Urs Pötzsch from CEP in livley discussion with the participants

Europa United contributor Luca Contrino took time off to attend a insightful seminar on the future of Europe which was hosted by our good friends in United Europe in Germany just a few weeks ago. In conjunction with the Europe Day celebrations, we bring his report on the seminar and we find out what are the main topics on the kind of the youth of Europe.

From the 20th to the 21st of April I had the honour of attending the United Europe “Understanding Europe” event as a representative of Europa United, held at Albert Ludwigs University in the pleasant city of Freiburg in Southern Germany. The event consisted of debates and seminars over two days with expert speakers on each given subject and gave participants the chance to engage with the speakers and each other.

On the first day, the German MEP Andreas Schwab, who himself is from the Baden-Württemberg region, gave an outline of his work and the workings of the European parliament as well as his views on the importance of a peaceful and integrated Europe to a region like Baden-Württemberg. Here, companies, individuals and institutions cooperate extensively with those in the neighbouring Alsace region of France as well as Basel and its surrounding areas in Switzerland. It is testimony like Mr. Schwab’s that is essential for highlighting just what the Union now provides us with, not just in the ease of undertaking economic activities, but in the effortless crossing of borders and interpersonal relations across borders that were unthinkable in a relatively recent past. In order to better understand Mr. Schwab’s work within the EU institutions, the next speaker Urs Pötzsch helped clarify the responsibilities of the main EU institutions (The Parliament, Council and Commission). I personally have studied these institutions, but of course, they are confusing at times and they are fundamental to understanding why and how the Union operates as it does, and the frustrations that this sometimes entails. The first evening ended with a tour through Freiburg’s charming old town and a chance to try some of the wines that characterise this sunny corner of Germany and get to know the other participants.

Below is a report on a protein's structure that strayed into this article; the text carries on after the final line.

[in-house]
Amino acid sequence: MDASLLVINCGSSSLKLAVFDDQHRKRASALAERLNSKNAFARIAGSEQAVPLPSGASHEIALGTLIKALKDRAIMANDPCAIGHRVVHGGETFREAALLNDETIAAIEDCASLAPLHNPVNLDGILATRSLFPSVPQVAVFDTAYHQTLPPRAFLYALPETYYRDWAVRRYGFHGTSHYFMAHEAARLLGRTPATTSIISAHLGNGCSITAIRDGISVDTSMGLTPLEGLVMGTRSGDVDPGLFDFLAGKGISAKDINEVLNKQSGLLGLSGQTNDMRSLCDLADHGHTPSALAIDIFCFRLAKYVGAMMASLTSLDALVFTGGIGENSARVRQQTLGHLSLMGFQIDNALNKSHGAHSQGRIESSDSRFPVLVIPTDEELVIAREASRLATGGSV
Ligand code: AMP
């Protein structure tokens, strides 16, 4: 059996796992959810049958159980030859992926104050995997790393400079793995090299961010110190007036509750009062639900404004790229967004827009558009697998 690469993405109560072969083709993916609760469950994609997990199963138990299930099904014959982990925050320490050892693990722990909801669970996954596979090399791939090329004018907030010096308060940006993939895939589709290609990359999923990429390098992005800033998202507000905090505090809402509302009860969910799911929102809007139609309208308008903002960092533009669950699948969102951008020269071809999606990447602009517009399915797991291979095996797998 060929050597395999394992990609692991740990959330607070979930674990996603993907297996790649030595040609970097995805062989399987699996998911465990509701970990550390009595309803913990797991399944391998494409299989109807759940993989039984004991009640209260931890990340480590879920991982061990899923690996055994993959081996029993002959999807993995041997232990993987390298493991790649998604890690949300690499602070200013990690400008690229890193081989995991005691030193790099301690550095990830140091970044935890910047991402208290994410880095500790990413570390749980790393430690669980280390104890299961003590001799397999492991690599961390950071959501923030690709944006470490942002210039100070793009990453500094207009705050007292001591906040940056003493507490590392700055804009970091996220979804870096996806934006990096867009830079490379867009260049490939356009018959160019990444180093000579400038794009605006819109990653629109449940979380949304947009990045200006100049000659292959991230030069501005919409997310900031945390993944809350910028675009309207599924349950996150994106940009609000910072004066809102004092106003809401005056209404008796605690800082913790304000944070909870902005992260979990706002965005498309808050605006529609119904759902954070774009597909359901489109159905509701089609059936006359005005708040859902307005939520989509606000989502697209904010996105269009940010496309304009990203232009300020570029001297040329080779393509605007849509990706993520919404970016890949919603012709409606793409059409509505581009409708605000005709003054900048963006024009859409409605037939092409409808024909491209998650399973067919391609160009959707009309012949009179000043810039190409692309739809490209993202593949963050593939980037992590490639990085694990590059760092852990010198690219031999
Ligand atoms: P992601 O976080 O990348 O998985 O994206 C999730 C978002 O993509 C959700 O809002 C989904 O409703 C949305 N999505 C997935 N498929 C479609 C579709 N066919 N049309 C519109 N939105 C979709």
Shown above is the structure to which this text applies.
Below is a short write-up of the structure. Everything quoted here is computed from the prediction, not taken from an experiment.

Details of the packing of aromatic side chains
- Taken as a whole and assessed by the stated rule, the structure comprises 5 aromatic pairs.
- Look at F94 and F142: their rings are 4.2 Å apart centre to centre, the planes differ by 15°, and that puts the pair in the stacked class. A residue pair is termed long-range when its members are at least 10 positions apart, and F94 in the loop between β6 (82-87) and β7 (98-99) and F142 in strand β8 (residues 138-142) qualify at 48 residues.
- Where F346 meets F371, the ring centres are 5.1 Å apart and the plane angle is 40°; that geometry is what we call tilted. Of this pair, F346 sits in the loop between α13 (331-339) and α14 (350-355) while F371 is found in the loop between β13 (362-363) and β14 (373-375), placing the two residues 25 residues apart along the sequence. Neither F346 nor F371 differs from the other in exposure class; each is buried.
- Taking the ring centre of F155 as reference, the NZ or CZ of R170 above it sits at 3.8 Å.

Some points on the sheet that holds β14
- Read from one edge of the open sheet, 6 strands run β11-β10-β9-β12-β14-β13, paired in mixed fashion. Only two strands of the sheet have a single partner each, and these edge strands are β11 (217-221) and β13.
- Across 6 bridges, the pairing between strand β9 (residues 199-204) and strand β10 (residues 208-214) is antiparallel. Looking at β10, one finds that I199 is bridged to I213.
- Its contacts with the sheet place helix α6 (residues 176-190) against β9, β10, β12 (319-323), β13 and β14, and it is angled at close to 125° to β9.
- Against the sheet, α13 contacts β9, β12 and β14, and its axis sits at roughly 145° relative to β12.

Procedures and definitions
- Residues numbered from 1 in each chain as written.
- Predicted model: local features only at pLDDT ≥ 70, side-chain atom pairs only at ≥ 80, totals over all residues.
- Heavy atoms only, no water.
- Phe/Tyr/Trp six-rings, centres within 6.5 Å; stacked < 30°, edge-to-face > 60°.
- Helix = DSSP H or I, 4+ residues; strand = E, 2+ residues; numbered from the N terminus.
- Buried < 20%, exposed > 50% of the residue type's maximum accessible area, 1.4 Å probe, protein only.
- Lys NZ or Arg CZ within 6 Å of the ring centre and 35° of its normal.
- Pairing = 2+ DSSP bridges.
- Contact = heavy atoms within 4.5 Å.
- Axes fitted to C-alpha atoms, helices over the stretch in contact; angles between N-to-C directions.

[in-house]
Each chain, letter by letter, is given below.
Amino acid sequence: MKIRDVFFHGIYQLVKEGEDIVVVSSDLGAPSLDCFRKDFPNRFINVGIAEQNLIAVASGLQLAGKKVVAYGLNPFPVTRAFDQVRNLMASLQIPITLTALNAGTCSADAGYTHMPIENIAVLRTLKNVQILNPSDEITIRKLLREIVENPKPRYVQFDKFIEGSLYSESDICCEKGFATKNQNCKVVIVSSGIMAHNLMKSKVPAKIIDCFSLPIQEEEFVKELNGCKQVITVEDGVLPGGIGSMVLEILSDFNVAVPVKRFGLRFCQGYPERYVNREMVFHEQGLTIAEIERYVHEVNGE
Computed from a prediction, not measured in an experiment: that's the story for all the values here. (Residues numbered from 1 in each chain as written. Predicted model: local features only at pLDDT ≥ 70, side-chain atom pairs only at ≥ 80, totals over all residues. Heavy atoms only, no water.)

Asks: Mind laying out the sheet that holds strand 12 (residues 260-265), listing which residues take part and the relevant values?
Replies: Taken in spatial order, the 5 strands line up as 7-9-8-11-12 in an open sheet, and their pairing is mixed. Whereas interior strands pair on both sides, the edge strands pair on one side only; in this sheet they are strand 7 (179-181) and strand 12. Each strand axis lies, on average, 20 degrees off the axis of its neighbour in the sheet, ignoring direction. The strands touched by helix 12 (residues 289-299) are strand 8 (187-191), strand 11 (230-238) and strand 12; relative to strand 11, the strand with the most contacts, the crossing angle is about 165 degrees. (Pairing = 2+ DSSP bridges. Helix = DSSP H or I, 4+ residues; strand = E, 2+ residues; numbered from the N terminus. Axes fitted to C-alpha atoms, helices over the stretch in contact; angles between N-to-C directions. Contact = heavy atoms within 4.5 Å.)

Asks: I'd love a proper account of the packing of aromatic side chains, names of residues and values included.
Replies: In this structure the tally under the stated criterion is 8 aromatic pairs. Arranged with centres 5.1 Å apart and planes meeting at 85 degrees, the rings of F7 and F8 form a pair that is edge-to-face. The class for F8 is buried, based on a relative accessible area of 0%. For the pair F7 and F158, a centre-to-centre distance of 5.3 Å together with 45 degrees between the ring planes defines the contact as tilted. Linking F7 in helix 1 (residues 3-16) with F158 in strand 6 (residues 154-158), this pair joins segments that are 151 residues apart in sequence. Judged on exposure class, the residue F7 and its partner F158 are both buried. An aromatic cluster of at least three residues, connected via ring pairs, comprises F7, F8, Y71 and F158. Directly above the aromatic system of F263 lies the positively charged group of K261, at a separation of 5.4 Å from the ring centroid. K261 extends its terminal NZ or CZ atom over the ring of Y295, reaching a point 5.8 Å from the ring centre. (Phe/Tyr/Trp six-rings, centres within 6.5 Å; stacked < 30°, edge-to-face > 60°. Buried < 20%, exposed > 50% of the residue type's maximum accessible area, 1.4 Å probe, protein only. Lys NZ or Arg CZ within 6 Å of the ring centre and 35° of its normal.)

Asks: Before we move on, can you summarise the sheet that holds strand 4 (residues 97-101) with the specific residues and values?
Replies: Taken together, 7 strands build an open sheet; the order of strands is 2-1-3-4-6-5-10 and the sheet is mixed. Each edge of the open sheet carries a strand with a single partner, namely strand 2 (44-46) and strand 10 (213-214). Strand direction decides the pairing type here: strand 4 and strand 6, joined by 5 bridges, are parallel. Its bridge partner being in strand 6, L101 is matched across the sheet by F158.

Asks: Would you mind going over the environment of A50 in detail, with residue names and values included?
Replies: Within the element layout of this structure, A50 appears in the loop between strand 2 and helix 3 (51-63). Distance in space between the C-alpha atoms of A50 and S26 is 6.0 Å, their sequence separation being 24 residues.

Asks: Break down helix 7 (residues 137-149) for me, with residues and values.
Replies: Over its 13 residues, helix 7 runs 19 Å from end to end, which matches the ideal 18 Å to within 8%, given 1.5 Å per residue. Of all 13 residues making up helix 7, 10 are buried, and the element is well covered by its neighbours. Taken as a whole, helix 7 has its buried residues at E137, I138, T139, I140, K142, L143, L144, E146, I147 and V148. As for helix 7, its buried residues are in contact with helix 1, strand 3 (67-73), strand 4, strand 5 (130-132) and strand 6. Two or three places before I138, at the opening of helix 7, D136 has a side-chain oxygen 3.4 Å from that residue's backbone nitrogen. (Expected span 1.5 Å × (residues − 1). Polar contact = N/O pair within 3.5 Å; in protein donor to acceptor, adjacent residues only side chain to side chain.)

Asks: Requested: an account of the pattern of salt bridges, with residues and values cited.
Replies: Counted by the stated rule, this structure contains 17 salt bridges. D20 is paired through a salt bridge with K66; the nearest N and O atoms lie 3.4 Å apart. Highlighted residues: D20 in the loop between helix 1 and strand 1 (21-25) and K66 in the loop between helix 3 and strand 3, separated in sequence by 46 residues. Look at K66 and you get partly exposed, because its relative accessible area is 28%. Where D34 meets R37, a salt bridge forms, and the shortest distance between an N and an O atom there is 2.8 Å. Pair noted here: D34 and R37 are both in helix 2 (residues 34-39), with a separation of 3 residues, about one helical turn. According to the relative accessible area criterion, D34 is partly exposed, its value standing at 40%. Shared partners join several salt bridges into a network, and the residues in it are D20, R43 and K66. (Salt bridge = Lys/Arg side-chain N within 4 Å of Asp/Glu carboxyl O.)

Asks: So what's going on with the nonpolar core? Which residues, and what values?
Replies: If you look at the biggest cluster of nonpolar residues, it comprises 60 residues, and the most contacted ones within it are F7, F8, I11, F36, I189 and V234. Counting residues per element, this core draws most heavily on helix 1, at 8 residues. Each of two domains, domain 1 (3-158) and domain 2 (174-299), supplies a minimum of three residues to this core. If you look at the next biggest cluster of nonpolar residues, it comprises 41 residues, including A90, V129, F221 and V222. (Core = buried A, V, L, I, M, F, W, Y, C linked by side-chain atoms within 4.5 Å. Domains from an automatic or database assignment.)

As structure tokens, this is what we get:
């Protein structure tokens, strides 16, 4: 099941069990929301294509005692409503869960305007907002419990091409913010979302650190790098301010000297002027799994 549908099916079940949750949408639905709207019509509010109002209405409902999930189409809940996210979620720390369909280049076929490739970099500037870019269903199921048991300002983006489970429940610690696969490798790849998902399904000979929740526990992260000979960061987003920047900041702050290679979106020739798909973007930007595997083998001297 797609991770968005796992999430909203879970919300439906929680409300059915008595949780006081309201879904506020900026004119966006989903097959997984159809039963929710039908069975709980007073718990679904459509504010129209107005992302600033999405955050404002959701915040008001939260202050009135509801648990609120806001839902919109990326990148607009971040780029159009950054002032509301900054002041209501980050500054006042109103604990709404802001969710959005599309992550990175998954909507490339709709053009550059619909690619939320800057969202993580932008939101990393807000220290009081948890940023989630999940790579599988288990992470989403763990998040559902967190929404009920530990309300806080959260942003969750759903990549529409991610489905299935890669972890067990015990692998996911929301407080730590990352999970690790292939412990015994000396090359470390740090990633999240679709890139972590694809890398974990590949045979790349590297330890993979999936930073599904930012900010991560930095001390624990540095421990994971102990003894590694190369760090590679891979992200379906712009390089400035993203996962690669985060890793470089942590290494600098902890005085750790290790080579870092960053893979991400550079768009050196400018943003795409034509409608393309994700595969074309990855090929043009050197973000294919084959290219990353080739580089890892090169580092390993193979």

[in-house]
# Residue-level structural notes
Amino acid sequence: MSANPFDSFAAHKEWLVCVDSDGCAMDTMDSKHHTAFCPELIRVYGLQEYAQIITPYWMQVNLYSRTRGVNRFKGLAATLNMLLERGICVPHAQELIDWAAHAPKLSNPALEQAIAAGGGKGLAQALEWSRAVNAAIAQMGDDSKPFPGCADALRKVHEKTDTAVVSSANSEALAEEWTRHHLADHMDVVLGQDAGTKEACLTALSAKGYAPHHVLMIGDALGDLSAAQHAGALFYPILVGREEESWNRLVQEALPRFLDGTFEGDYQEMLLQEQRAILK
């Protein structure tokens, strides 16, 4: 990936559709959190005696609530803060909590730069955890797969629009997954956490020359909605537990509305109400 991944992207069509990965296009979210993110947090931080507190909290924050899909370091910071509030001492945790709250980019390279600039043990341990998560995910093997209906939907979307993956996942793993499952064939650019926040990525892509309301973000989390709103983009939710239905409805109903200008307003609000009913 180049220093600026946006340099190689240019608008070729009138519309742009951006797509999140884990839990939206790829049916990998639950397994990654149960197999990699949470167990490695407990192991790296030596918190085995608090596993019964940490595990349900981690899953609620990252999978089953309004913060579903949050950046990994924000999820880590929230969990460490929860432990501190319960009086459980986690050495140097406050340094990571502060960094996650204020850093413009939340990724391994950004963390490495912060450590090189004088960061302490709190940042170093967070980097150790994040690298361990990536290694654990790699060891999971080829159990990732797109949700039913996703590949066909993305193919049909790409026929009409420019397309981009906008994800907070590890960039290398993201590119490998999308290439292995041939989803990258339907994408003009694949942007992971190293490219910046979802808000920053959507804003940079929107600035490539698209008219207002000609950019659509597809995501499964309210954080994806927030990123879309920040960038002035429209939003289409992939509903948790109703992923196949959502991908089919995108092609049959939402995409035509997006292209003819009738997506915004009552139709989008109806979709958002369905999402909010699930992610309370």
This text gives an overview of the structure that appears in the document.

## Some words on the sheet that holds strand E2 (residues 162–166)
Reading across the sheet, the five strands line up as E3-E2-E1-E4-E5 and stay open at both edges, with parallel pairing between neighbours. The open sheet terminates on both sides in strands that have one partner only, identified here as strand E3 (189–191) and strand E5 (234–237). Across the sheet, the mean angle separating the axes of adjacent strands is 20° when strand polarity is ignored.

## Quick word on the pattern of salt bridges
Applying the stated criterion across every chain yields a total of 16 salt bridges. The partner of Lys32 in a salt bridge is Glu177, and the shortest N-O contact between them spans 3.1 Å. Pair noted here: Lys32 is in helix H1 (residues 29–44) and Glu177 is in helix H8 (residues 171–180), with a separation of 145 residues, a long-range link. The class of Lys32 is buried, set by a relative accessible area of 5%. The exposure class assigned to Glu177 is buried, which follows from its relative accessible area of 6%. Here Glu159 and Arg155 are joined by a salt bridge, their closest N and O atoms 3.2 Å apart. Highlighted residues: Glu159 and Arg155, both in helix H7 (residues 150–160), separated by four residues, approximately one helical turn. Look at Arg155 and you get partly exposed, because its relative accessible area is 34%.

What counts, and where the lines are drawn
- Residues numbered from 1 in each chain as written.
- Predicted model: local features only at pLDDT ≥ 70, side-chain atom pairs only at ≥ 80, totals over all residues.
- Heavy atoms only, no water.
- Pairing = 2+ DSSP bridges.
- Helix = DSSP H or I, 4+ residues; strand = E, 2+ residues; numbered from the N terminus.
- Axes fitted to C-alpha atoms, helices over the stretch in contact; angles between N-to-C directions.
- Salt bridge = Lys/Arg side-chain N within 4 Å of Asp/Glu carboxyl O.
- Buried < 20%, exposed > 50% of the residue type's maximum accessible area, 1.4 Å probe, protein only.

The second day moved away from discussions on structural elements to the main challenges facing the Union at present. First up, Dr. Matthias Kullas picked our brains on the question of the Euro crisis. Despite receding from the news, it continues to be an issue over fears over certain states’ public debts. The discussion also touched on the root causes of their problems with the Euro, with myself giving a take on the Italian issue and a Greek participant commenting on Greece’s ongoing issues with the single currency. Following this, Dr. Götz Reichert moved onto the pressing issue of energy transition, and the difficulties in bringing about change at a European level. Finally, the subject of Brexit had to be discussed, with Dr. Bert Van Roosebeke leading the session. This last one was particularly prickly, as we had British participants who were able to share their takes on the issue and their frustrations, as committed Europeans, at the Leave vote’s victory. As someone with personal connections to the United Kingdom, it is an issue of great relevance to me too, so I appreciated the possibility of discussing this theme that will go on to define not only the Union, but interpersonal relations for many of its citizens.

The event was not only a chance for young people from the EU states to discuss their desired direction for the Union, but also for citizens of non-EU states to share their perceptions of the European project. It was heartening to hear that despite its challenges, the EU’s existence is widely acknowledged as a force for good, but that it can offer a role model for other regions of the world, as well as an end goal for current candidate states. No one has all the answers in relation to the challenges facing the Union, but it is reassuring to know that young people from Europe (and beyond) believe in the validity of the European project and are invested in its continuation and its ability to improve life for its current and future members. Armed with this new knowledge and these new perspectives, the challenge now is to make sure that the conclusions from our debates and discussions can reach other European citizens and the institutions that make this Union. Arguably, the future of Europe was not only discussed at these seminars, it was also present in the shape of the individuals that shared their ideas and hopes for the future. Let’s make sure this positive experience provides the foundations for increased action and advocacy.

Not all the time spent was hard work!

The text was first published on May 6 by our cooperation partner Europa United, a non-profit Irish/German organisation focusing on European issues and current affairs.

 

 

 

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